Fettig agrees. "It depends on what you need to do," he says. "Processors, for example, are required to constantly measure and report on the continuous handling of their products. There must be a high level of integrity in the data to protect them and the consumer. Distributors, on the other hand, often only have to prove that their facilities maintain the proper environment and temperature. When they transport product, however, they are exposed and then they would turn to loggers to record in-transit temperatures."
Since cost is usually a factor, it's important to know that the price of these devices varies widely. "Commercial- and industrial-grade temperature sensors typically run $100 to $150," says Fettig. "Loggers range from $20 for a single use to $220 for multiple uses."
DiRubio says that when figuring out cost based on trailer load, you can expect mechanical devices to run about $10 to $20 per shipment, electrical devices to come in less than $30 per shipment, and wireless devices to range from $30 to $35 complete.
The important thing is that you find the right type of monitor for your needs, as Nestle did. Because in today's competitive market, runny ice cream just doesn't cut it.
Finding Hot Spots In The Cold Chain
Maintaining optimal temperatures throughout the cold chain is vital for perishable, refrigerated and frozen products. Whether in the warehouse, on the loading dock or in the trailer, failure to keep goods at the proper temperature can significantly shorten their shelf life or even render them dangerous.
Sensitech Inc., Beverly, MA, has developed a thermal-mapping system that allows distributors to monitor temperature in the warehouse as well as through transit. "Thermal mapping is a service that enables companies to find the hot spots and cold spots in either a facility or a trailer," says Jeff Leshuk, Sensitech's general manager of professional services. "The thermal maps are able to characterize the variation in temperature from location to location and over time."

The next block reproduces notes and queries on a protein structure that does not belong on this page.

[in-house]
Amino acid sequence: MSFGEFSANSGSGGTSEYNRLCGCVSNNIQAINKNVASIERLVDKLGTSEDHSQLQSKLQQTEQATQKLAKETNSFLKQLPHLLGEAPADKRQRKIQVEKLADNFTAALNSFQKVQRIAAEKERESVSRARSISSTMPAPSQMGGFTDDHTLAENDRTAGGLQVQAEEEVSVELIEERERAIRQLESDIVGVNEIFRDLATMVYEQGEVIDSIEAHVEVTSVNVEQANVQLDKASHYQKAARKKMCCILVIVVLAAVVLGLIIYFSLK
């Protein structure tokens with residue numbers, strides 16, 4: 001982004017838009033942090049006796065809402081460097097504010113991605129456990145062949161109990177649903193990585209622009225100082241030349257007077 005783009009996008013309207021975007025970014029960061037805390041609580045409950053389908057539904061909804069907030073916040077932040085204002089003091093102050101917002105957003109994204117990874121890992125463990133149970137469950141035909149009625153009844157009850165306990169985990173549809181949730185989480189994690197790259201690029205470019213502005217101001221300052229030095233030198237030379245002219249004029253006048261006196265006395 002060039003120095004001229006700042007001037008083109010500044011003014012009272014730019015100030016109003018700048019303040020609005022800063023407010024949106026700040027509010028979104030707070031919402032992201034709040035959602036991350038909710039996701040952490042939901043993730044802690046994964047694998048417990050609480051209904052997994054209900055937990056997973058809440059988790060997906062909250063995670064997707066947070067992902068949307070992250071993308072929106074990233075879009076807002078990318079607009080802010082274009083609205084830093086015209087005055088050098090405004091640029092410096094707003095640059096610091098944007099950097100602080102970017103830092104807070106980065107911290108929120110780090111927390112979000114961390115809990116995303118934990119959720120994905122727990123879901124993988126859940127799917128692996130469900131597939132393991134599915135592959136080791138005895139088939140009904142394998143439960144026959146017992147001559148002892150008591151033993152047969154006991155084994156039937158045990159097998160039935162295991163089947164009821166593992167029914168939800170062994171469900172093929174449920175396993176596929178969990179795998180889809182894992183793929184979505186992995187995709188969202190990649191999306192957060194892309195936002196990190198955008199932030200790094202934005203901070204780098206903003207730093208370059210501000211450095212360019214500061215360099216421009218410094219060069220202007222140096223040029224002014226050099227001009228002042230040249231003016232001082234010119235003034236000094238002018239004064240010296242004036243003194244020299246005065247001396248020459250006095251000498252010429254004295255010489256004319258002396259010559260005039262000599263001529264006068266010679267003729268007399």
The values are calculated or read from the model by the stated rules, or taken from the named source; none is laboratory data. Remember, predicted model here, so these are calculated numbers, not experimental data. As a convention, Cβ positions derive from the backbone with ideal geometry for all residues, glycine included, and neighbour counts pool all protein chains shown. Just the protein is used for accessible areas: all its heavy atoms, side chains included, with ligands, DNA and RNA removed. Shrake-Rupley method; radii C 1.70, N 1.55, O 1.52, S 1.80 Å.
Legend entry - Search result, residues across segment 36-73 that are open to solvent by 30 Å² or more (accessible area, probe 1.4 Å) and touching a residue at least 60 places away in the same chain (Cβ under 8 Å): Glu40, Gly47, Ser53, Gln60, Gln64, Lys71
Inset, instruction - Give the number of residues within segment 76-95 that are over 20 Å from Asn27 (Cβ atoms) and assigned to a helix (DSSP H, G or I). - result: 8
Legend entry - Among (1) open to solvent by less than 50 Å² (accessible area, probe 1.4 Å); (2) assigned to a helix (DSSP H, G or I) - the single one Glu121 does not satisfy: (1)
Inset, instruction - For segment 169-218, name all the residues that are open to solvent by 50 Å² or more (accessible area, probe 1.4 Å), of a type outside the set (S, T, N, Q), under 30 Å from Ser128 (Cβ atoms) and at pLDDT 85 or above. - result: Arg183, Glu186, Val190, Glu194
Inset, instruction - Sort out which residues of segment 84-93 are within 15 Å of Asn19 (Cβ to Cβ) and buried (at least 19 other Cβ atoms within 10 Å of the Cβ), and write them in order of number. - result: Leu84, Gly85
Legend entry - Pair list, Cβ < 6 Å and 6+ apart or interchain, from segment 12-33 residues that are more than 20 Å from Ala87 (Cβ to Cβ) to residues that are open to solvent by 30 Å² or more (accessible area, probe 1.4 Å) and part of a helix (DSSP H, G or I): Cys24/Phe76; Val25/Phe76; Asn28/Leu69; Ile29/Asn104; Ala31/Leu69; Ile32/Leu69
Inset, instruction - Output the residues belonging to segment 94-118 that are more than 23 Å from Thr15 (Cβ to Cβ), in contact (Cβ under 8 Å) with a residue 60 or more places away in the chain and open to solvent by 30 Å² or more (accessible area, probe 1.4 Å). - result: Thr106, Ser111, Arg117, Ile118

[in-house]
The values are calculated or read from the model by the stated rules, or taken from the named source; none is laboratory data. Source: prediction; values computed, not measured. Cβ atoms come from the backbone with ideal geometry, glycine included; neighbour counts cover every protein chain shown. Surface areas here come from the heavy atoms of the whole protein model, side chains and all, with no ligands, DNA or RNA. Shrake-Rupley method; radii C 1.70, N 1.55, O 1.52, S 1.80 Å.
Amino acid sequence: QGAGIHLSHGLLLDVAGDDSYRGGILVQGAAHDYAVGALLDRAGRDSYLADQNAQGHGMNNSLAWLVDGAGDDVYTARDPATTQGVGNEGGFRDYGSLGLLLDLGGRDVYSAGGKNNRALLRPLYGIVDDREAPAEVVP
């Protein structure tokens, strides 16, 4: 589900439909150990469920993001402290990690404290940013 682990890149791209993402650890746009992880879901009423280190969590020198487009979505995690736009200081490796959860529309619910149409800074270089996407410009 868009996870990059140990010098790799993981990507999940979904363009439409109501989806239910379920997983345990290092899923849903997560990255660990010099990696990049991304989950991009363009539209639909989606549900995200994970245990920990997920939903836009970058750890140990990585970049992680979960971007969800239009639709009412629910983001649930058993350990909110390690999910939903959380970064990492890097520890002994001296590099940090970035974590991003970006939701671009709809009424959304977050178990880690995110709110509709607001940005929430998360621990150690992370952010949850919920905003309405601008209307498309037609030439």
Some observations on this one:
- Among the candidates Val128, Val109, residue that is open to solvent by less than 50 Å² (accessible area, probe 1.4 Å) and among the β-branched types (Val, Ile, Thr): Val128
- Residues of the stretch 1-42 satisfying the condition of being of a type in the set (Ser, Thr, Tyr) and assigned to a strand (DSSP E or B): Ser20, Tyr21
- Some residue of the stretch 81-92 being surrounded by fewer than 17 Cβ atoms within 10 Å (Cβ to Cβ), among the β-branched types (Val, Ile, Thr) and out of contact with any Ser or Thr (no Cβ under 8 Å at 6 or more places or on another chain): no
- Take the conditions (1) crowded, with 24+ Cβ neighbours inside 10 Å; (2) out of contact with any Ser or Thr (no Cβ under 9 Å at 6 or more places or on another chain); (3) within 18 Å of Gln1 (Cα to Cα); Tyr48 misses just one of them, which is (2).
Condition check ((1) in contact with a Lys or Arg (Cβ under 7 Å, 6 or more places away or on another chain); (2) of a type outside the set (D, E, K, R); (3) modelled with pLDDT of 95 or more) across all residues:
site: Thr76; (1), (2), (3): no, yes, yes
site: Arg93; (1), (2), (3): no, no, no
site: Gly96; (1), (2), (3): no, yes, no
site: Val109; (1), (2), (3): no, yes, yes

According to Leshuk, the benefits of Sensitech sets up its TempTale electronic temperature monitors in a grid pattern throughout a facility or trailer to record temperatures. The monitors can capture up to 16,000 data points and measure temperatures in intervals of five minutes. In a facility, the monitors are in place for at least a week. "We prefer to get two weeks of data, however, because most facilities tend to operate on a weekly cycle, so we want to catch that variation over time," says Leshuk. "For example, you might not be operating a facility on a Sunday and all the doors might be closed so the temperature may be colder, and you'll have a different temperature profile at that time."
In a trailer, the monitors are in place during the duration of the entire trip and are recovered at the destination. Typically, an operator will map a sample of trailers'not the entire fleet.
The information collected by the monitors is downloaded into Sensitech's Cold Chain Manager reporting tool, which generates a map that provides three-dimensional views of temperature patterns. The thermal maps reveal temperature abnormalities, much like a weather map. "We show the gradients of temperature by color," says Leshuk. "The warmer spots are a reddish color and the colder spots are blue. Those colors will change over time and you can essentially run a video that shows the variation in temperature from location to location. It makes it very easy to identify hot or cold spots and then you can take action to correct those problem areas."
Most problems are process oriented, not mechanical, Leshuk points out. "Every time we do a thermal map, whether it's for a trailer or a facility, we find opportunities for improvement. Quite often, especially when the facilities are older, people tend to blame temperature problems on the mechanical refrigeration system, but we find that the problems relate more to the process of how that trailer or facility is being operated," he says.
"We usually find that employees are leaving doors open too long, or insulated panels have been damaged or that there's not proper air circulation'particularly when we're talking about trailers. We see wall damage from forklifts in trailers or bad seals. Loading patterns are very important in trailers'that's often overlooked."
Thermal mapping projects start around $10,000, depending upon the size and complexity of a facility, as well as the length and the number of stops on a truck run.